Definition of breast cysts
Breast cysts are sacs filled with fluid, usually benign. One or more breast cysts can be formed which are often described with a round shape or oval lumps with distinct edges. At palpation they can be felt like a grape or like a balloon filled with water, other times they can have a rigid structure.
Normally breast cysts should not be treated unless their size or pain causes discomfort in women. In these cases the emptying of the cyst can be useful.
Breast cysts are quite common in women aged between 35 and 50, ie before menopause , however they can be formed at any age. Normally they tend to disappear with menopause in women who do not take HRT .
Symptoms of the breast cyst
Symptoms of the breast cyst are:
A smooth, round shape that can be moved or an oval-shaped breast lump with distinct edges (which in general, although not always, indicates that it is benign);
Usually they are formed in only one breast, but it is not excluded that they can affect both breasts at the same time;
Pain and perception of softness in the area affected by the nodule;
Near the cycle the size of the nodule increases and the affected area appears softer;
After the cycle the size of the nodule decreases and the other symptoms also diminish.
Simple cysts do not increase the risk of breast cancer . However, the presence of one or more cysts at the breast can make the identification of possible new nodules or anomalous changes more complicated. This is why it is important for every woman to become familiar with her breasts , so that they can understand when something has changed.
In healthy women, normal breast tissue is often perceived as lumpy or nodular. When with palpation s i feel new nodules that do not disappear after menstruation, or one of the already present and previously assessed nodules increases in volume, it is good to be seen by the doctor .
Causes of breast cysts
There are still no certainties about the causes of breast cysts. There are data that allow us to hypothesize that excess estrogen may have an action on the breast tissue, thus playing a role in the formation of cysts.
The breast contains lobes of glandular tissue. The lobes are further subdivided into smaller lobules that ensure milk production during lactation. Through small ducts (ducts) milk reaches the nipple. The supporting tissue that gives the breast its shape is made of adipose tissue and fibrous connective tissue. Breast cysts are formed in the presence of an abnormal growth of the glands and connective tissue that causes the obstruction of the milk ducts. This results in their dilatation and the consequent formations of cysts that are filled with liquid.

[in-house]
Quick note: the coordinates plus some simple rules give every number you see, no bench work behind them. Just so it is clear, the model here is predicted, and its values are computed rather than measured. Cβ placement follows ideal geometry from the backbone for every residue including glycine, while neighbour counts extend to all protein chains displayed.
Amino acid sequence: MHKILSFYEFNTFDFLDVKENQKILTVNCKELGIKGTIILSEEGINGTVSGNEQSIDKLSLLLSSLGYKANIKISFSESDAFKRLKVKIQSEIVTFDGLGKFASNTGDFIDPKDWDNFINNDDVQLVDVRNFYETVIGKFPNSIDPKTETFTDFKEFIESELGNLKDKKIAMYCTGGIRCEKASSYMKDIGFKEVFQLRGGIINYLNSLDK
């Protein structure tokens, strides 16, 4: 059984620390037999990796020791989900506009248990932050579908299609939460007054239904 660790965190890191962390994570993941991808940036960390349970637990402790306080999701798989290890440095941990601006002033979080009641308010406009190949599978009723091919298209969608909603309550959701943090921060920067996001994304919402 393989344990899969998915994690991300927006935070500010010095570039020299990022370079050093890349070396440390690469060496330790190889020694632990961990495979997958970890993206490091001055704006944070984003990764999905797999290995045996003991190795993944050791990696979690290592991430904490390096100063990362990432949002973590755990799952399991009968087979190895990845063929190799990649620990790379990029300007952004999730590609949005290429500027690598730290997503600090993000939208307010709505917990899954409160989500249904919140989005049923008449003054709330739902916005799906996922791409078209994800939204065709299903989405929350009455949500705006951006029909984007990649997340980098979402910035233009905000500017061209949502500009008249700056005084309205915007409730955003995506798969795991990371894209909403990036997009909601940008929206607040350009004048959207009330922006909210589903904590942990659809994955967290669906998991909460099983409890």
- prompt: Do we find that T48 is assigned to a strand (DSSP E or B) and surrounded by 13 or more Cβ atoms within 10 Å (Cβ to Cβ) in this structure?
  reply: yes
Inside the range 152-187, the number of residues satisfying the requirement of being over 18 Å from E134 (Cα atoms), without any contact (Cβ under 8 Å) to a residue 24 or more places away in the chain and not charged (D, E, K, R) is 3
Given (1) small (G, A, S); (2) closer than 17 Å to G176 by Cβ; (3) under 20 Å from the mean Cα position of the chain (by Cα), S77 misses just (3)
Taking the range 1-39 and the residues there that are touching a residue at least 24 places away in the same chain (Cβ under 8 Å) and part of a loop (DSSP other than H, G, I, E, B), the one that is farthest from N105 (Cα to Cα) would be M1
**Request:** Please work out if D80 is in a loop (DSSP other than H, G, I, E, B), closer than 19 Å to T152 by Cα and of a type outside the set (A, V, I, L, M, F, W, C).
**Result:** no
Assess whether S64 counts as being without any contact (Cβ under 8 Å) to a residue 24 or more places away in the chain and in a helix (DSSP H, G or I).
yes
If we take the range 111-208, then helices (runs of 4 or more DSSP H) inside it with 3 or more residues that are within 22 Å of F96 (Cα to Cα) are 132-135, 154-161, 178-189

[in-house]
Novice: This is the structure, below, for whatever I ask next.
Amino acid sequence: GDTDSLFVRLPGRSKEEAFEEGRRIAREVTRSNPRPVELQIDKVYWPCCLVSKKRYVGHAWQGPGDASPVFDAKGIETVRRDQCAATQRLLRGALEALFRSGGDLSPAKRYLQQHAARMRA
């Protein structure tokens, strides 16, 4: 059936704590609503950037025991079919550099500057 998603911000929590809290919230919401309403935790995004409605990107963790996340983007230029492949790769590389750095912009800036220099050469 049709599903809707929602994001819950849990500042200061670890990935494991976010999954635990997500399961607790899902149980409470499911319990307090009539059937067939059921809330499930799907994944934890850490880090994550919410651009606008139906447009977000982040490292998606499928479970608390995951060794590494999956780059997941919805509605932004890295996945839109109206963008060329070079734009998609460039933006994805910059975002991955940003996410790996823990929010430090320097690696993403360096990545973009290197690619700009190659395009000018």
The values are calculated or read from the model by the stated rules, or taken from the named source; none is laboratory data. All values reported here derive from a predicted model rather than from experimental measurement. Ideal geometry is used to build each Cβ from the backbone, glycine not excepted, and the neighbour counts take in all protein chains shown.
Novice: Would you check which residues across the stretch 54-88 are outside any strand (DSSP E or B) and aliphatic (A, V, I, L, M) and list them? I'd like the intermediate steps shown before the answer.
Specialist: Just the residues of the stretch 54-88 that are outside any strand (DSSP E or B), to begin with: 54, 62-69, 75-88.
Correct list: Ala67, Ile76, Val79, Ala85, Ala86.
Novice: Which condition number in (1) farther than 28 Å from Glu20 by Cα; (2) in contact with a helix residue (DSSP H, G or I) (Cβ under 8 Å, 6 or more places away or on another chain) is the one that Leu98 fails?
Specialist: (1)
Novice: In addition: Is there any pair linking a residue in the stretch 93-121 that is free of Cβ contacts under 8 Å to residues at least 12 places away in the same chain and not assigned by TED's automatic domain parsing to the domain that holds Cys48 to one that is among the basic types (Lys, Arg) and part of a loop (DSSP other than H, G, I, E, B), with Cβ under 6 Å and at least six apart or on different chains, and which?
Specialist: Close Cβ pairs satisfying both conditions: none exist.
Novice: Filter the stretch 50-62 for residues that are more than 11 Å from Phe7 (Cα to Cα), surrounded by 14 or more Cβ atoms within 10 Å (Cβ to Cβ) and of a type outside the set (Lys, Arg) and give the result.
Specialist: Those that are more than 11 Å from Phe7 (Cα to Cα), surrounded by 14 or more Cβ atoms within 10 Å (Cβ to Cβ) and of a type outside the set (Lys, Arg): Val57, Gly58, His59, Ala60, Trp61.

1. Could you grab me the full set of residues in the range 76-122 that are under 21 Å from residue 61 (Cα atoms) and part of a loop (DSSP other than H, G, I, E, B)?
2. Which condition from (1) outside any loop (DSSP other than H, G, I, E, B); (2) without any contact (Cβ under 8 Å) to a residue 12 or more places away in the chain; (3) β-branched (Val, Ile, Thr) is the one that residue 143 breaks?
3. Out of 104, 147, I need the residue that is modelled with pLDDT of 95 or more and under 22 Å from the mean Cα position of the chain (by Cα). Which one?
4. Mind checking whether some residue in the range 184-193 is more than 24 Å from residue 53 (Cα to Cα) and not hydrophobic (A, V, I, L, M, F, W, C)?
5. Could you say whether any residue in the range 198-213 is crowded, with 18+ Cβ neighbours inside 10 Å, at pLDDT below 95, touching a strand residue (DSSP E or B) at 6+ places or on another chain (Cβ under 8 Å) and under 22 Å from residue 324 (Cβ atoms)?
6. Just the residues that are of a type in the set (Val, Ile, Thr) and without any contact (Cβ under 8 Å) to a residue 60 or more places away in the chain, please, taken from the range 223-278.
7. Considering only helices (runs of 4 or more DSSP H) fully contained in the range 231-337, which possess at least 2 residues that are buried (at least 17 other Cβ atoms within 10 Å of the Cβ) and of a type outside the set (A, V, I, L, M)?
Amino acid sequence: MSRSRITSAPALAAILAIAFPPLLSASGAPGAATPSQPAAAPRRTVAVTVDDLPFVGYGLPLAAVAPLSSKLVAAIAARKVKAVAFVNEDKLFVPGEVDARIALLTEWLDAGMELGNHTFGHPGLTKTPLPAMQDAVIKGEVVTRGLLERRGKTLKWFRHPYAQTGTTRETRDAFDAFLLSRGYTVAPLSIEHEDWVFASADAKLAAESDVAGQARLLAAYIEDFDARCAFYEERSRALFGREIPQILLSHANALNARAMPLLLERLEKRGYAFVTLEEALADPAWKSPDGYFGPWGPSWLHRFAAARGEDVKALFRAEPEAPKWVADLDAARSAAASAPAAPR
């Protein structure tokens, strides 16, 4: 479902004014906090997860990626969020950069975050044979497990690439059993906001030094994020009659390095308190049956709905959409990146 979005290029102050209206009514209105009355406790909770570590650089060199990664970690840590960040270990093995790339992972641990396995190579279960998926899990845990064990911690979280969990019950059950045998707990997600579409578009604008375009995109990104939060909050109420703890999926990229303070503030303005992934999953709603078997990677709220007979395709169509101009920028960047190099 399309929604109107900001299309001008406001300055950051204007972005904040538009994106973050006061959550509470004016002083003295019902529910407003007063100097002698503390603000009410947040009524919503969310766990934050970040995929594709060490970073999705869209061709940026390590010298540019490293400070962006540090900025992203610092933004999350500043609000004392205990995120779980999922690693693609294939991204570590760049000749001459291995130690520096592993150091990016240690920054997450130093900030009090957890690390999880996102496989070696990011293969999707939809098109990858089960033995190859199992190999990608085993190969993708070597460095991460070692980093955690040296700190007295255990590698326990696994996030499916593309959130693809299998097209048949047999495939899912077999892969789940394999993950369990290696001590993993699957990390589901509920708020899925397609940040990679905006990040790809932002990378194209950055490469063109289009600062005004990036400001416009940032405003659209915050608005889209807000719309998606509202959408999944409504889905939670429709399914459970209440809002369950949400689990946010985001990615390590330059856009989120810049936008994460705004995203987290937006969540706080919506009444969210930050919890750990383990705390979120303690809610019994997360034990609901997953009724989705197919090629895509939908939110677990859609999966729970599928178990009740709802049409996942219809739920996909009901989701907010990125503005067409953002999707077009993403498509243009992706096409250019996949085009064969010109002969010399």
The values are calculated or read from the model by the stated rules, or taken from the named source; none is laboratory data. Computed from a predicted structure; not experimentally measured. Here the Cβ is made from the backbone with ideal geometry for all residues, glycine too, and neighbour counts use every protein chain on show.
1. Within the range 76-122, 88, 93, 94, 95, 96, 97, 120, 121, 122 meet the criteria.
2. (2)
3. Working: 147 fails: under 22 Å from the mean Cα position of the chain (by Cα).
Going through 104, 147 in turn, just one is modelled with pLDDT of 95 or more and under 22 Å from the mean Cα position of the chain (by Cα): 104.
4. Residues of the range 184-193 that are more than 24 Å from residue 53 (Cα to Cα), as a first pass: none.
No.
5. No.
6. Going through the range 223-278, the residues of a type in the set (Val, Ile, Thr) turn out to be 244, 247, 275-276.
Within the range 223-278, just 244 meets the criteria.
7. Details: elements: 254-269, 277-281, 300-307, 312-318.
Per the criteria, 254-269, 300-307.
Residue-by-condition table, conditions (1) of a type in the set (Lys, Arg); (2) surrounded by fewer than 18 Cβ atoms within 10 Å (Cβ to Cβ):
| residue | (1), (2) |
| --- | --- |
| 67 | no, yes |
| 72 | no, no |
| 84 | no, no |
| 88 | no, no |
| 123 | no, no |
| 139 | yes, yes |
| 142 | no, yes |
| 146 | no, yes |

Microcysts are too small to be sensed, to be able to identify them, it is necessary to resort to imaging tests, such as mammography or ultrasound.
The macrocisti are instead larger and can reach up to about 5 centimeters in diameter, so they can also be detected by palpation. Large cysts can cause discomfort or pain due to the pressure exerted on the breast tissue of the affected area.
Diagnosis of breast cysts
It is important that all women regularly perform self-examination once a month between the seventh and fourteenth day of the cycle .
If you feel a lump in the breast you can use your doctor who will make a diagnosis, depending on the case, breast exam, an ultrasound or a needle aspiration. Before proceeding with the diagnostic tests, the doctor will take care of the medical history , that is, collect all the information concerning your clinical history, but also of your family, which will serve to formulate the final diagnosis.
The senological examination is performed by a specialized doctor, does not require special tools, is simple and painless. The examination begins with observation and ends with palpation.
This type of examination may not be enough to make an exact diagnosis, but it can be useful to shed light on somewhat suspicious situations.